Therapeutic Reading, Raymond Chandler, and the Library of America

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August 28, 2014 by libroshombre

Some anonymous ancient wise guy once called his library “a hospital of the mind.” That applies to my personal library, too, especially when surgery’s involved. Then it’s important to set aside a variety of entertaining books to distract my mind from the painful present, but presupposing what reading I’ll be in the mood for is always challenging. Prior to my recent knee replacement the selection ran from detailed historical nonfictionFeatured imageand biographies to humorous diversion and comics.

Since the surgery was set for mid-August, the centennial of World War I, Solzhenitsyn’s “August 1914” and Tuchman’s “Guns of August” seemed appropriate, but in practice they were far too dry to compete with the pain medication. Results were better with two other historical works. Reading Frank Linderman’s excellent biography, “Plenty-Coups: Chief of the Crows” was like having the wise old warrior sitting by my bedside regaling me with his adventures and insights, and “Babylon: Mesopotamia and the Birth of Civilization” by Paul Kriwaczek was far more engrossing than the title suggests.

The graphic literature, AKA “comics,” worked well, especially “Prince Valiant” and “American Born Chinese” by Gene Yang. However, my old favorite, Krazy Kat by George Herriman, was too surreal for those dark nights when sleep wouldn’t come, and P.G. Wodehouse’s comedies werFeatured imagee too flip for that time-slot, too. What worked were fast moving mysteries, such as the Robert Parker Spencer novels, though after one I need an authorial change of pace. That wasn’t the case, night after night, with the nonprofit Library of America edition of Raymond Chandler’s noir mysteries.

Chandler was the British-American writer who came to his craft at age 44 following stints as a bookkeeper, creamery worker, veteran of World War I’s trench fighting, and oil company executive, until the Depression, and, according to Wikipedia, “his alcoholism, absenteeism, promiscuity with female employees, and threatened suicides all contributed to his dismissal in 1931.” Beginning in 1933 Chandler began writing short stories for puFeatured imagelp magazines, and the first, “Blackmailers Don’t Shoot,” featured his hard-boiled literary legacy, private eye Philip Marlowe.

Appealing to this convalescent was Chandler’s writing style, which includes lots of vivid descriptions and fast-paced action, and colorful turns of phrase, as well as verbal gems by a kind-hearted villain like “I have a hangover like twelve Swedes,” and “Them guys give me an ache in the back of my lap.”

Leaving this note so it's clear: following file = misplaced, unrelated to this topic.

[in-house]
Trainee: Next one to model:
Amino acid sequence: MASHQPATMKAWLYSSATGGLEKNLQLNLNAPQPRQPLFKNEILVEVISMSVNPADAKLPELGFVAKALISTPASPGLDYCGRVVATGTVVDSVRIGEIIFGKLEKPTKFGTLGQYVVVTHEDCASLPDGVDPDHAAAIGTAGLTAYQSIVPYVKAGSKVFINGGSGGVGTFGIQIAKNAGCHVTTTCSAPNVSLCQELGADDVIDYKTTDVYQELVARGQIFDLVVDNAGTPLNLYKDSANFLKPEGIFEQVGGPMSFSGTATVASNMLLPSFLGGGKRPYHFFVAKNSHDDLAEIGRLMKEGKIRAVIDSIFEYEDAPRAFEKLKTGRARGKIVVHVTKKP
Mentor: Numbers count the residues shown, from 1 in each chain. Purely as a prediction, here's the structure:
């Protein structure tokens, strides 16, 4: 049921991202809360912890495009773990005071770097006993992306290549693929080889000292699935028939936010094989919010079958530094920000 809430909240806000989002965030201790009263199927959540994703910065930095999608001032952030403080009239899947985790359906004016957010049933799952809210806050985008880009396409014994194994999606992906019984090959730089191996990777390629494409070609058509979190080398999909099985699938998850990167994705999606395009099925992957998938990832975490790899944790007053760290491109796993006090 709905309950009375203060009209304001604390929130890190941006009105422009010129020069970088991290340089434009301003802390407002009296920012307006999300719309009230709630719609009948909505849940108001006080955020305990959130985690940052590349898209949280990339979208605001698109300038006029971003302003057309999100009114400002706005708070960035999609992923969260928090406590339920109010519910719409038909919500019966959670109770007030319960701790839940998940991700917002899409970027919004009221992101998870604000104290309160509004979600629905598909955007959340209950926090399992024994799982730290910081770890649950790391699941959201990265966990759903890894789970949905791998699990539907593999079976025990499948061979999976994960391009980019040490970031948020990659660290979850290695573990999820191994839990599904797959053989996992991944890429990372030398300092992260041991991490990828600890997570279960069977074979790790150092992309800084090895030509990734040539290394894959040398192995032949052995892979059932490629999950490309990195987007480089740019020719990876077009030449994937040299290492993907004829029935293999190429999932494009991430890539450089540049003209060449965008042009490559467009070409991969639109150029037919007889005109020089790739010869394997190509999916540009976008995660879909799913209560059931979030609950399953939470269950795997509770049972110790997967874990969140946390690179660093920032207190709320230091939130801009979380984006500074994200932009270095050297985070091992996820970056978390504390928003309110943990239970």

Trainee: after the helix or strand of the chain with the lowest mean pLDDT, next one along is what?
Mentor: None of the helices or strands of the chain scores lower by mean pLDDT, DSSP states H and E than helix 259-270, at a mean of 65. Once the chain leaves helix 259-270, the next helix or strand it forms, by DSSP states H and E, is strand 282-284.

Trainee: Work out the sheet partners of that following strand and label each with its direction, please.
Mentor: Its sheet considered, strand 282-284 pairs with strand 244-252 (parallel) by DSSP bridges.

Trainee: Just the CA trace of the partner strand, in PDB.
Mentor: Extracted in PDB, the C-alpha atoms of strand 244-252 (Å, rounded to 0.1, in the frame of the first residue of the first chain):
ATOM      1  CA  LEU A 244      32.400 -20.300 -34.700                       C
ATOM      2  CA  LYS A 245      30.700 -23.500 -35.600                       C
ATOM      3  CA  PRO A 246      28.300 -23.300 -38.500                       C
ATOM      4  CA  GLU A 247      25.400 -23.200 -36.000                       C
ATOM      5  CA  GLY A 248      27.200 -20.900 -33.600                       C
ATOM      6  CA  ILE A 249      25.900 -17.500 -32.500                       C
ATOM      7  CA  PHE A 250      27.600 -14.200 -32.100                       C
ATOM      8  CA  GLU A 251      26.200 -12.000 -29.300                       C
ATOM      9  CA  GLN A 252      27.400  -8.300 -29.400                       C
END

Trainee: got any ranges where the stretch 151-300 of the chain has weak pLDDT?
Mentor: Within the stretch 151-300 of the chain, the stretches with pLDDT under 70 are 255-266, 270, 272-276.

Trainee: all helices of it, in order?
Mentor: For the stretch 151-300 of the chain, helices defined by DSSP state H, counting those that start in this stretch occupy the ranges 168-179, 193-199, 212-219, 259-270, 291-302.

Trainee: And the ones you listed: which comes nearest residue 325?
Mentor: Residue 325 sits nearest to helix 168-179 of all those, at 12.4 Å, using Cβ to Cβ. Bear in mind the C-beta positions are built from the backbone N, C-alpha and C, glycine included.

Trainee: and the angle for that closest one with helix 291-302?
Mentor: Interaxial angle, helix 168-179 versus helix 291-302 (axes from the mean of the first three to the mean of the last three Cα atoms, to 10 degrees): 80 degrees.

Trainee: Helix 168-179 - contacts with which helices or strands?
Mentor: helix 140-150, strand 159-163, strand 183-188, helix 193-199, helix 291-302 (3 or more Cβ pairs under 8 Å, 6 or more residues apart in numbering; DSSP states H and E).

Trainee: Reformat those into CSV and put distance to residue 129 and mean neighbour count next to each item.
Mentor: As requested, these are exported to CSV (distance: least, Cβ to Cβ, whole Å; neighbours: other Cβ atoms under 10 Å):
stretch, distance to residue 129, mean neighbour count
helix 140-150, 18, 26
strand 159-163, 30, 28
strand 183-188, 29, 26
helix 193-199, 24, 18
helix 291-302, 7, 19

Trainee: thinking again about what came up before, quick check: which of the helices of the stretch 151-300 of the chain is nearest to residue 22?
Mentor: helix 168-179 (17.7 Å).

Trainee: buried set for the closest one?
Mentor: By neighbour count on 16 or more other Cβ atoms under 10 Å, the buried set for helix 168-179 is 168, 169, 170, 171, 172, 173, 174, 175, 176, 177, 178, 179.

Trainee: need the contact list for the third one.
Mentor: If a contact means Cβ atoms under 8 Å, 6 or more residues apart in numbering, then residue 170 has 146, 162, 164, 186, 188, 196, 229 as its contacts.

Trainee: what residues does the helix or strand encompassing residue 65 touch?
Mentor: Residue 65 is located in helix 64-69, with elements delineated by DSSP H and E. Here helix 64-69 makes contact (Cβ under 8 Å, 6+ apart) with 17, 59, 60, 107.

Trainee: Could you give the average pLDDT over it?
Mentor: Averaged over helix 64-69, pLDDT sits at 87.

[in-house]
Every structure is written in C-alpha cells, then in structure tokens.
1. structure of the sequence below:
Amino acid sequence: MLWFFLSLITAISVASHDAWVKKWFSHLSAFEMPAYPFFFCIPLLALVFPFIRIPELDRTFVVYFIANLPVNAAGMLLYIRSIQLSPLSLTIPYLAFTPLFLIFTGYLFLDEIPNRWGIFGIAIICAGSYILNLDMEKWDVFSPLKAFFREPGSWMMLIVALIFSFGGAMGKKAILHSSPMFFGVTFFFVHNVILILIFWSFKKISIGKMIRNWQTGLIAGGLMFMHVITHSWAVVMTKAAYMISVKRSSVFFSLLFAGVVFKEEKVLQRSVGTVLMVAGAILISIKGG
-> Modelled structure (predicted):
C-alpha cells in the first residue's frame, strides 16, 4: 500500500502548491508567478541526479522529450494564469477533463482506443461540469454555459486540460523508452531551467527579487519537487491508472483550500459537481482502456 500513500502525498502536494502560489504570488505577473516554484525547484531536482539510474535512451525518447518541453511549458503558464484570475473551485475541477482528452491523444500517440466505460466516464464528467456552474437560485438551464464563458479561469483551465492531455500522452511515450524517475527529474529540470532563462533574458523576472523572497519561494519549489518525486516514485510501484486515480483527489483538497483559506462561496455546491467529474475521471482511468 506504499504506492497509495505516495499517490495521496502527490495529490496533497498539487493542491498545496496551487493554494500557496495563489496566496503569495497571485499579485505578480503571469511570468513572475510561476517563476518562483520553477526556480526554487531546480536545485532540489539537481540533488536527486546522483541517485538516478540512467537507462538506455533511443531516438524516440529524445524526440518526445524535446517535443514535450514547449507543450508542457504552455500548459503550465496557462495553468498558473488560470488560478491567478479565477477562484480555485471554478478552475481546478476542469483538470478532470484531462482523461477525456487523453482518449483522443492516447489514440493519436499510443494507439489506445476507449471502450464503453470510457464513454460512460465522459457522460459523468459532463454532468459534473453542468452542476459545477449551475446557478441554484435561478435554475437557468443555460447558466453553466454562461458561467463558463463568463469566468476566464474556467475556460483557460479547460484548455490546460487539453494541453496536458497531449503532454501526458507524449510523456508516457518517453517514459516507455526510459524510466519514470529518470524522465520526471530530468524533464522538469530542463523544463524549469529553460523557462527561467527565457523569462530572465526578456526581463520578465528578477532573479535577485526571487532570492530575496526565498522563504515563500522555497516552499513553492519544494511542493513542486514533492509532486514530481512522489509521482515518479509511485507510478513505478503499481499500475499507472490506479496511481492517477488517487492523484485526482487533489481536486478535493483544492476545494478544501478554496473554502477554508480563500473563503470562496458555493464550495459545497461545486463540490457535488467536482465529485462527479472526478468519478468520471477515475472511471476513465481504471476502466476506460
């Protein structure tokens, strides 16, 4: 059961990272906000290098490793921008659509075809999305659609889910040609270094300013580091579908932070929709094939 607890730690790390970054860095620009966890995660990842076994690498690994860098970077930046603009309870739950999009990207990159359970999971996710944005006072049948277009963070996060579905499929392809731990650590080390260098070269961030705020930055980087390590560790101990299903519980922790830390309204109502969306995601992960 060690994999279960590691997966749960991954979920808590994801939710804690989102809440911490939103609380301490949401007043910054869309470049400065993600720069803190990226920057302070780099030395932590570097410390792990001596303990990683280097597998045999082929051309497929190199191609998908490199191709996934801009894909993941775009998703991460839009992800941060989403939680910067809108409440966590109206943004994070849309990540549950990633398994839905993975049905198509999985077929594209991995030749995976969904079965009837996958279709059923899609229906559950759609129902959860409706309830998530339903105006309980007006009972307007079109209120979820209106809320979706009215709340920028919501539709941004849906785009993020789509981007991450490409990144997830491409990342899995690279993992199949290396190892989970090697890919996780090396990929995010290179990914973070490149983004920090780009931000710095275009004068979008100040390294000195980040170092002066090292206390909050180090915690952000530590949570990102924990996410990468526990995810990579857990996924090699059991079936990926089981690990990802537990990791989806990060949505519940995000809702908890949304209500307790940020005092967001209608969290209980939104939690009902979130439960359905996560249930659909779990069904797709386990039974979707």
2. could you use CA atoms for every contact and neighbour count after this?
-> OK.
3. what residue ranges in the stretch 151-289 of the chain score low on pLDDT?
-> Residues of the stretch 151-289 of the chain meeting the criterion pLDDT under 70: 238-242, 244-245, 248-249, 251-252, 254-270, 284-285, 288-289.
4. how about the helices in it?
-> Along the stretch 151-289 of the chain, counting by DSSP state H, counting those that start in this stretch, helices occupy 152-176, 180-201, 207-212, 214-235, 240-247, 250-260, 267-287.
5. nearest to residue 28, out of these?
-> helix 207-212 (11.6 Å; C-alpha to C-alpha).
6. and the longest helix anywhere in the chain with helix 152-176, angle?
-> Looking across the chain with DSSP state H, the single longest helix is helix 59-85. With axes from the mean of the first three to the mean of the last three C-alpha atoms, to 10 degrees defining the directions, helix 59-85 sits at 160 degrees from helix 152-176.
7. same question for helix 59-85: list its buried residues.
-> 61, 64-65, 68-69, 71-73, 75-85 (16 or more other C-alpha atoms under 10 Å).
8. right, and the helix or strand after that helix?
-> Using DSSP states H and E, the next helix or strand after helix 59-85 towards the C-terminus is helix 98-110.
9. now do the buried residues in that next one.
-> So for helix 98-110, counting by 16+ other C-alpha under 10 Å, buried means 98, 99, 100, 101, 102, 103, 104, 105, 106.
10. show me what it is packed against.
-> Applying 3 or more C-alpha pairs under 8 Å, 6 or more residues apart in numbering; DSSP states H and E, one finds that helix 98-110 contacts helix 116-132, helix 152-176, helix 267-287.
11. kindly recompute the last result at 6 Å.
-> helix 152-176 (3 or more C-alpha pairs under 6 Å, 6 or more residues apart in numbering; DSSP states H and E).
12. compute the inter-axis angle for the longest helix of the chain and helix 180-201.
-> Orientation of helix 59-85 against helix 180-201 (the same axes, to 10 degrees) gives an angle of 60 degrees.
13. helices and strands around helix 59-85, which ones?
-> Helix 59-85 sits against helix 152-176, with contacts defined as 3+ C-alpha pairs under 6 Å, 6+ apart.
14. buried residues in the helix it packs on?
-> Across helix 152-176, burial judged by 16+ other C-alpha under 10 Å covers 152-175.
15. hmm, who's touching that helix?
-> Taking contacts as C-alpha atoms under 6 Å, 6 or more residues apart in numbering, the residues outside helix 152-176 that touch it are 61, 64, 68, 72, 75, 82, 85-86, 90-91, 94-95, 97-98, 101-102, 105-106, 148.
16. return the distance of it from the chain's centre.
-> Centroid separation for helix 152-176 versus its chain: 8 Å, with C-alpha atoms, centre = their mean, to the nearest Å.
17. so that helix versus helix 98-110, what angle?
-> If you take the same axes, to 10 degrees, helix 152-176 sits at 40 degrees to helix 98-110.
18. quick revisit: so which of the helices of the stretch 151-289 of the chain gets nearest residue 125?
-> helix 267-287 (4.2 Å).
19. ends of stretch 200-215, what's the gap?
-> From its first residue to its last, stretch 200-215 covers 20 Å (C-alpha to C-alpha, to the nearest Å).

Despite my infirmity, I’ve enjoyed 500 pages of Chandler’s short stories comfortably, thanks to them being included in the 1400-page Library of American (LoA) edition of Chandler’s works. In the 1970’s scholars and critics of American literaturerealized that many classics were out of print and hard to find. The National Endowment for the Humanities and the Ford Foundation provided initial funding, and the first LoA books came out in 1982. Soon free sets were offered to public libraries. Their specialness was immediately apparent. As the website says, the “books are designed to last generations. Each volume in the series contains acid-free, thin, but durable paper, allowing books with a large number of pages to remain fairly compact. Moreover, the books rFeatured imageange from 700 to 1600 pages and are of uniform size, “based on the ‘golden section,’ which the ancient Greeks considered to be the ideal proportion,” so they’re easy to hold in one hand. And my children’s great-great-great-grandchildren will enjoy them, since the “paper will not turn yellow or become brittle. The books are bound with the grain of the paper to ensure they will open easily and lie flat without crinkling or buckling.”

Some variety’s needed, and the “Crime and Punishment” volume of the estimable Lapham’s Quarterly dovetailed nicely. Besides diversions like James Bond’s villain chart and descriptions of books written in prison, Lapham’s included a nice overviewFeatured image of Dante’s Seven Levels of Hell, where booklovers will find homes on levels two through four, along with other lusters, gluttons, hoarders, and spendthrifts.

This theme was balanced by day-time viewing of musical comedies, Looney Tune cartoons, and Fatty Arbuckle silent films. For as Allen Klein wrote, “The hardest thing you can do is smile when you are ill, in pain, or depressed. But this no-cost remedy is a necessary first half step if you are to start on the road to recovery.”

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